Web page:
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Local residents reach out to help hurricane victims

By Staff
Clif Knight, Hartselle Enquirer
Hartselle area residents are reaching out in a number of ways to help bring relief to the victims of Hurricane Katrina.
A relief effort backed by several local churches is gathering supplies by the truckload for families in need in southern Mississippi.
Donations of bottled water, nonperishable food, personal hygiene items and clothing were delivered to a Methodist Church in Laurel, Miss. on Labor Day. From there, they were picked up by other church groups and distributed to families in need in more remote locations.
The supplies represented individual donations made at Fire Stations No. 1 and No. 2, Kroger, Hometown Grocery and Hartselle Utilities since Aug. 30.
"We discovered that 60 to 65 percent of all businesses and homes in that area were destroyed by the hurricane," said Rev. Ray Crump, pastor of West End United Methodist Church. They need work teams to help move debris to the roadsides, where it will be picked up by FEMA workers over a 60-day period. After that, they'll have to pay to move it.
There is a special need for volunteers who have motor homes, trailers on pull-behind campers, he said.
He also stressed the need for more water and nonperishable food.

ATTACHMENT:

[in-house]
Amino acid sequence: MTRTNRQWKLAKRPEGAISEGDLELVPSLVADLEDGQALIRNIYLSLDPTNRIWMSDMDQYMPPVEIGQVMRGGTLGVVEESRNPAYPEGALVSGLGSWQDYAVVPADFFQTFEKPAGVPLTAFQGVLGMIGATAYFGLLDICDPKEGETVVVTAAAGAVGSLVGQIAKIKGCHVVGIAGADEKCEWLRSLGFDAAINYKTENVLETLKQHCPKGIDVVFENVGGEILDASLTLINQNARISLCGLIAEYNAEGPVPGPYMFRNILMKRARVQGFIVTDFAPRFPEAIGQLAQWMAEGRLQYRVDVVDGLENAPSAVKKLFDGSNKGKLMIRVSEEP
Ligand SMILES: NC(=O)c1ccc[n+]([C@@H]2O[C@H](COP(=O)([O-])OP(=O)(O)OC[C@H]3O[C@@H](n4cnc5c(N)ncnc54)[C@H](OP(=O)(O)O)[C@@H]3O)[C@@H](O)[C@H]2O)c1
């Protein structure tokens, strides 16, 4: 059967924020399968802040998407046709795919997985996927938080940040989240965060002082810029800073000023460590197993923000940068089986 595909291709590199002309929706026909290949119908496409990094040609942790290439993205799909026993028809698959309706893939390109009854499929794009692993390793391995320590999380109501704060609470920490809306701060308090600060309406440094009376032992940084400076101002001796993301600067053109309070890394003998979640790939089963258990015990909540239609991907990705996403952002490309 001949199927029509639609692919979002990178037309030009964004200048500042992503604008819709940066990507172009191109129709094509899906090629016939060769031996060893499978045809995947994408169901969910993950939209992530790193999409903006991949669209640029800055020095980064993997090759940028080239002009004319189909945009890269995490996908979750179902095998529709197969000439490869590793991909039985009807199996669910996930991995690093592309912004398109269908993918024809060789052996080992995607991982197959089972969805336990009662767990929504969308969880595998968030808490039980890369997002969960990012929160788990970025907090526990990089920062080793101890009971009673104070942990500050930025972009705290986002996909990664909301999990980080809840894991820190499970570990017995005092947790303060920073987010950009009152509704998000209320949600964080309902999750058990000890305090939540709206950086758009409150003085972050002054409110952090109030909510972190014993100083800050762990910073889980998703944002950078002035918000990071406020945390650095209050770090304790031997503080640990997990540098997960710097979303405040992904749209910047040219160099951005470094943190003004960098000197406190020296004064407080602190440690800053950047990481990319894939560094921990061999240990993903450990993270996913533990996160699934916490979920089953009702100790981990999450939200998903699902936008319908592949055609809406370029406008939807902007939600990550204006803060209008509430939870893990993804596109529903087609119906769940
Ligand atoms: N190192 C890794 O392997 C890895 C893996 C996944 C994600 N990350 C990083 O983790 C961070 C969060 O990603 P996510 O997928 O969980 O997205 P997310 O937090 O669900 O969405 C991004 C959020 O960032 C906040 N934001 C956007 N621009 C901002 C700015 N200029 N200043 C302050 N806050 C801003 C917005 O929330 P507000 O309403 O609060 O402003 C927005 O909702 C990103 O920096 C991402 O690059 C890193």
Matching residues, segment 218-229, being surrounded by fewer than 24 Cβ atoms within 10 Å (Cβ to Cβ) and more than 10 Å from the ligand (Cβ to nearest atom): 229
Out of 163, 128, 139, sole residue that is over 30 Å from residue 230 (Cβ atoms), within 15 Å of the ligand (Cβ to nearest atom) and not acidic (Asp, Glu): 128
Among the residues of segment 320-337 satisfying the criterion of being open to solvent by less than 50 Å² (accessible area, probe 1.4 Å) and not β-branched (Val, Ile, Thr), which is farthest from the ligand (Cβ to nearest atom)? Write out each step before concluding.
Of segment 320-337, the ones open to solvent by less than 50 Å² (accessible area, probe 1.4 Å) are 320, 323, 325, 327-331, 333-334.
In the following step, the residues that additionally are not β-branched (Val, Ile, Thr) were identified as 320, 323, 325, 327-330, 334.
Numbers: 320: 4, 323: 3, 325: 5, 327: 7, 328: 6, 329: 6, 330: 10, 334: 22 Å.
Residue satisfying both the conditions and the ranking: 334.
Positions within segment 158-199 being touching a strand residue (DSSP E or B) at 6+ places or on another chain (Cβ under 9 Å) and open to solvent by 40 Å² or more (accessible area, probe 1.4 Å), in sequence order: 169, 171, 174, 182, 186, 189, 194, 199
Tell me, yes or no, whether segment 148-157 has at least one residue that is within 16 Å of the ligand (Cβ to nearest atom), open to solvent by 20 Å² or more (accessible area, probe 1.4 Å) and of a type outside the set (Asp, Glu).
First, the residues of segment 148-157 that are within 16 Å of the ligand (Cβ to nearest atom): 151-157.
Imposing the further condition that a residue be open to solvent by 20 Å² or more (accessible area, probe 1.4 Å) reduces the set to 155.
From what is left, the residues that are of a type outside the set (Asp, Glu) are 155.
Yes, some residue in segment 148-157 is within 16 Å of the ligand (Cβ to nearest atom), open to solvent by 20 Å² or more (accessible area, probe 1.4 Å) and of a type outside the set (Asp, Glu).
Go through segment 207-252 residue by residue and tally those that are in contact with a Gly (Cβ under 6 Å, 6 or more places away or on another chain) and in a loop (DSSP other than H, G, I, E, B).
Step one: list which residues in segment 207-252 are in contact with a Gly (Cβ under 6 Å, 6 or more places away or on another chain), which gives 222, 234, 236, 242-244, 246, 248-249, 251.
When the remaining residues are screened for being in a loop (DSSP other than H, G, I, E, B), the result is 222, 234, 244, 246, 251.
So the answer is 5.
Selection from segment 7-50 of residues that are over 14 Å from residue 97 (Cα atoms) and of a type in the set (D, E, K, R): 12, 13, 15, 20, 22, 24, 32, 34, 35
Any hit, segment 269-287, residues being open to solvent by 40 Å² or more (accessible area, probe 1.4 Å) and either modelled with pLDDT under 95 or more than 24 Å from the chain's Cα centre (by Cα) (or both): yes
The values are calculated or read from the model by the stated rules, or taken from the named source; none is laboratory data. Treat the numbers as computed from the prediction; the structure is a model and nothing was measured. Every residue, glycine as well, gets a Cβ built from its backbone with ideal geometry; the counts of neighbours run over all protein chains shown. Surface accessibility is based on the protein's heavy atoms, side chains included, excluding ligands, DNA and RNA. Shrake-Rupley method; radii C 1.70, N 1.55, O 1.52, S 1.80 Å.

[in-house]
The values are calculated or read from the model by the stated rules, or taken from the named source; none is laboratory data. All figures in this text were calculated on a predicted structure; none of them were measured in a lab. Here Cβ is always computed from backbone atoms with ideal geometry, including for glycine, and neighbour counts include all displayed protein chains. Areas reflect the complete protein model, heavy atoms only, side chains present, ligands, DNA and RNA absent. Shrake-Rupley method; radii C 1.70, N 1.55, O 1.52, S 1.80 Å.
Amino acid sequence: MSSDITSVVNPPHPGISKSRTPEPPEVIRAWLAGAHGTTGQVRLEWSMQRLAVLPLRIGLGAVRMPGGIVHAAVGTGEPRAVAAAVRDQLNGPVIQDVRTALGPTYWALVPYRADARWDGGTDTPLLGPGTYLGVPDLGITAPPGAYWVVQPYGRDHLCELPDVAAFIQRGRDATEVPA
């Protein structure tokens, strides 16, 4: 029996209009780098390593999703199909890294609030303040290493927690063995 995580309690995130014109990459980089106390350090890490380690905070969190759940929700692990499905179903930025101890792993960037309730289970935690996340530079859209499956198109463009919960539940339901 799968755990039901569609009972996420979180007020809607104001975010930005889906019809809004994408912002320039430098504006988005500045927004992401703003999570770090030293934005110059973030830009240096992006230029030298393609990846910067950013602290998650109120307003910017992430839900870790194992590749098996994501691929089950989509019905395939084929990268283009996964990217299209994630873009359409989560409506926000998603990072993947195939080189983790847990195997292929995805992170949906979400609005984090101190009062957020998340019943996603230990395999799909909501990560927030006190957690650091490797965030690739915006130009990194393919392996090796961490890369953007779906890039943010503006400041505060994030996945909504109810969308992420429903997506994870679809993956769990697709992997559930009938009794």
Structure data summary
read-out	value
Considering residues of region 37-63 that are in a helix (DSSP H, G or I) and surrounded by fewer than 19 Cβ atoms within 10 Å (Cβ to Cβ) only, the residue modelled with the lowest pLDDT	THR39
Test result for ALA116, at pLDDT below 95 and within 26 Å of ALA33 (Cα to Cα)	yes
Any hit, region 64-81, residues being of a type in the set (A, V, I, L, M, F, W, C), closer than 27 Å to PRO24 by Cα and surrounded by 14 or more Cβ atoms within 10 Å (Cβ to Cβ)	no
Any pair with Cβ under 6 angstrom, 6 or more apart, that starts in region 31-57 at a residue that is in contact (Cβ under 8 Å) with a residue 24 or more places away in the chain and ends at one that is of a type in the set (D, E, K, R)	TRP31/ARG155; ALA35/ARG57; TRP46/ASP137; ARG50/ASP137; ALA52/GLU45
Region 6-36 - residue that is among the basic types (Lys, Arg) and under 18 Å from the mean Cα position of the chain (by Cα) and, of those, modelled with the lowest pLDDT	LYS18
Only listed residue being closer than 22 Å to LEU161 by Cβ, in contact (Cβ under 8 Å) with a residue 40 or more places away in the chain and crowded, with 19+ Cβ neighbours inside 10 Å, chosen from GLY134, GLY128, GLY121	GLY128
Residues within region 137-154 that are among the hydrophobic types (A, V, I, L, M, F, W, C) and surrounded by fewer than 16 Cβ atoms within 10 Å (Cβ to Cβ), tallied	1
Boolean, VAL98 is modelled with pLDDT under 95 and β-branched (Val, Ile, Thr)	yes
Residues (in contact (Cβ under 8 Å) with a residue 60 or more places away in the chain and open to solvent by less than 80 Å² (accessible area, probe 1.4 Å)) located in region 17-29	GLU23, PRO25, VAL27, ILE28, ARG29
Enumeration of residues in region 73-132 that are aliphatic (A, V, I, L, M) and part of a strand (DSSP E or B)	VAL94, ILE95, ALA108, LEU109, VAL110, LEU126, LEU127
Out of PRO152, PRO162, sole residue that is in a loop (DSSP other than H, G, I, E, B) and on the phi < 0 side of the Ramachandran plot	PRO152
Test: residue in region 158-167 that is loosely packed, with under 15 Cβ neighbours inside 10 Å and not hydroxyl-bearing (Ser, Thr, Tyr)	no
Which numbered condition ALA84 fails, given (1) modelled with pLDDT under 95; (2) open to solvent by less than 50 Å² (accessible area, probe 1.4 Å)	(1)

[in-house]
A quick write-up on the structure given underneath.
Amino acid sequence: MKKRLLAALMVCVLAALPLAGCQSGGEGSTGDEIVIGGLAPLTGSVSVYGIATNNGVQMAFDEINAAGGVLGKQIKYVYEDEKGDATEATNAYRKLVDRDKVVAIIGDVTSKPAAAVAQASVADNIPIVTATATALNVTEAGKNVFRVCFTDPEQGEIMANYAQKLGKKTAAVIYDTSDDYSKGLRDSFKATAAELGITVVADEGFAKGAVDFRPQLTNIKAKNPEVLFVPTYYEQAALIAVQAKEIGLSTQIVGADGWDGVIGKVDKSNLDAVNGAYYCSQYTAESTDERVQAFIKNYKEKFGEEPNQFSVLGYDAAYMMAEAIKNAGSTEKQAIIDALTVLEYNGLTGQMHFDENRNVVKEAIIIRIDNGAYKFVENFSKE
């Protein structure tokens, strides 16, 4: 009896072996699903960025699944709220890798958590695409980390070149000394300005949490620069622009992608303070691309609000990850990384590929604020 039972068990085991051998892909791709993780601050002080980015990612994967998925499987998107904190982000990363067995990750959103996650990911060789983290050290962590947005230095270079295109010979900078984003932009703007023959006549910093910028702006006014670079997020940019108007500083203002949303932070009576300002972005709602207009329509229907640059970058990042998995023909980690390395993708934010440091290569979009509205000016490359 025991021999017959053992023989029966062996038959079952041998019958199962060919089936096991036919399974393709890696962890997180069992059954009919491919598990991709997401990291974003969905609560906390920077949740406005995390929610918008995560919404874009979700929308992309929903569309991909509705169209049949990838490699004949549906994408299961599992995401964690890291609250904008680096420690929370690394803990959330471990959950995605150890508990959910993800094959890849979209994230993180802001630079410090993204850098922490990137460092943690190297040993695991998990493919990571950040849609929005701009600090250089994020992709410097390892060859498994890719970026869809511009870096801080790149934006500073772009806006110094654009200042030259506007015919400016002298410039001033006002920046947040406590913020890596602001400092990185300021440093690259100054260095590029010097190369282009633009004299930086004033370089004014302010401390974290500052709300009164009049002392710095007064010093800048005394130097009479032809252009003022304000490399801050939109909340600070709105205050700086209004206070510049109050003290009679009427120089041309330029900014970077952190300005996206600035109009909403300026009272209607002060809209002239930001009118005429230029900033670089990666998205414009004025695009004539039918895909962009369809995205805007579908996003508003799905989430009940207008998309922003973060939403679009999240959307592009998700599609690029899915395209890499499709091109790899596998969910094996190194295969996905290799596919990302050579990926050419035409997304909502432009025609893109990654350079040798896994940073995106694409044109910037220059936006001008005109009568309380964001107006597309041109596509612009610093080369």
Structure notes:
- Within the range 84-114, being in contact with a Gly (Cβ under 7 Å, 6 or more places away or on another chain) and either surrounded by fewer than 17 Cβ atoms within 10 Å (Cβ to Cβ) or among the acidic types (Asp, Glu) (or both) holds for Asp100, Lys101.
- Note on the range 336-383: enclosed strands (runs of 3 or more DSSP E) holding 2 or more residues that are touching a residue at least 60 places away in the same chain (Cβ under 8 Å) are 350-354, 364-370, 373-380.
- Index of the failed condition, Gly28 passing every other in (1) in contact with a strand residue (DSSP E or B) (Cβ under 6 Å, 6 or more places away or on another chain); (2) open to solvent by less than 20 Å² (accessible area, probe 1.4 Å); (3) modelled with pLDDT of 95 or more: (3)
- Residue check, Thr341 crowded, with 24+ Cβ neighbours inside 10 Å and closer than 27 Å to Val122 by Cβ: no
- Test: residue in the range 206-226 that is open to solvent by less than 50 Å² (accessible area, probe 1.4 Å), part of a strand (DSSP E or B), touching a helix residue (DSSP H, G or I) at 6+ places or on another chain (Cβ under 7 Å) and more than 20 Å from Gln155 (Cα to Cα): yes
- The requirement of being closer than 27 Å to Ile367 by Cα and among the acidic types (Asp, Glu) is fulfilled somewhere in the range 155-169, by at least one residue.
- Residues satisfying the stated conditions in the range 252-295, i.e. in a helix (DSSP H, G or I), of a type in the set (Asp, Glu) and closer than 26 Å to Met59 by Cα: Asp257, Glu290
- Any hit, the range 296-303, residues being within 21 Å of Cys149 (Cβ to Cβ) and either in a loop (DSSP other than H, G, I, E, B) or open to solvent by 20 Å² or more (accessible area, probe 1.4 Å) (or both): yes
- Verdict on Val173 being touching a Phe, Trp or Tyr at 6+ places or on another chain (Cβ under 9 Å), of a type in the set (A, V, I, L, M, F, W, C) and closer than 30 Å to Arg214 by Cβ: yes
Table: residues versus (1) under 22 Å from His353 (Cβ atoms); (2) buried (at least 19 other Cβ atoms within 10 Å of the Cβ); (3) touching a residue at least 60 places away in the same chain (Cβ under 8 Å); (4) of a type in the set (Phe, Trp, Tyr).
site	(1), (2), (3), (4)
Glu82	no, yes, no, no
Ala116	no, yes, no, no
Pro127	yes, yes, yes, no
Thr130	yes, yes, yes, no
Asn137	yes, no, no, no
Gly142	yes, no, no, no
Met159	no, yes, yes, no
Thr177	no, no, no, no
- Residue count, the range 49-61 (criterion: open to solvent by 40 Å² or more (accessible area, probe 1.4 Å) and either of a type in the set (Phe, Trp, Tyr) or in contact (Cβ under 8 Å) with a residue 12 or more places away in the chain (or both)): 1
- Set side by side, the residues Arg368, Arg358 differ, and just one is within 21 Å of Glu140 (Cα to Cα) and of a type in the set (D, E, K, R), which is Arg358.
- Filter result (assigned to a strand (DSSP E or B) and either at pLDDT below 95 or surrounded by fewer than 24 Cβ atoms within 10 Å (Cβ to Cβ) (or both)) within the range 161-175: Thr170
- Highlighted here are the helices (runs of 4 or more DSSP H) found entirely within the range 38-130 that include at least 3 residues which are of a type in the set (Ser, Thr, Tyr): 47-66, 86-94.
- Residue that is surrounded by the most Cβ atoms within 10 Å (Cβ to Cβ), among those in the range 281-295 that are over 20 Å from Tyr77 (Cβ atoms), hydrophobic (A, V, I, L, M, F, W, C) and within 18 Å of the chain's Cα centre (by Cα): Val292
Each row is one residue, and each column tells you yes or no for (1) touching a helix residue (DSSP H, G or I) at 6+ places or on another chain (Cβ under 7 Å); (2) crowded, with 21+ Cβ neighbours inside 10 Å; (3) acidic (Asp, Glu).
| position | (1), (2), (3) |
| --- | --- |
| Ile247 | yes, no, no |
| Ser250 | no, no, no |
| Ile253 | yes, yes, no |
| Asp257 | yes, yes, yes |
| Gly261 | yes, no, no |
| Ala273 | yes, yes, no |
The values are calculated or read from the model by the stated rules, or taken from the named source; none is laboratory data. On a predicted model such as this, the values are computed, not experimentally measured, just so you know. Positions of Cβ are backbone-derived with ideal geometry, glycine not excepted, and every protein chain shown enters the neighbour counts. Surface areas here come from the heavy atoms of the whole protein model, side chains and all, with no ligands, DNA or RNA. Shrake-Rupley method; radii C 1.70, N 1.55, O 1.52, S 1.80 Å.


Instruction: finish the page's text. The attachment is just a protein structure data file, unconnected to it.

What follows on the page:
"As the supplies we took were being unloaded, a group from another church was loading them on a truck for distribution in their community," he said. "We were told by the disaster coordinator in that county that conditions are so bad in two adjacent counties that no one has been able to get in to determine what they are having to deal with.
"The people down there are hurting. Many of them don't have a business or a home and are having to start all over. They need all the help they can get," Crump pointed out."
Joe Wheeler Electric Membership Cooperative has loaned nine employees, two line trucks, two bucket trucks and a pickup to the storm cleanup and restoration effort in northeast Louisiana, according to Jeff Holt, operations manager.
He said the crew left early Sunday and are expected to be gone 10 to14 days. They started helping to rebuild the electric distribution system in Washington and Tammany counties the following day.
Holt said damage in the area is so widespread a rotation of electric workers from outside will be required to fully restore power.
The cooperative loaned personnel and equipment to help restore storm-damaged electric systems in South Alabama two months ago.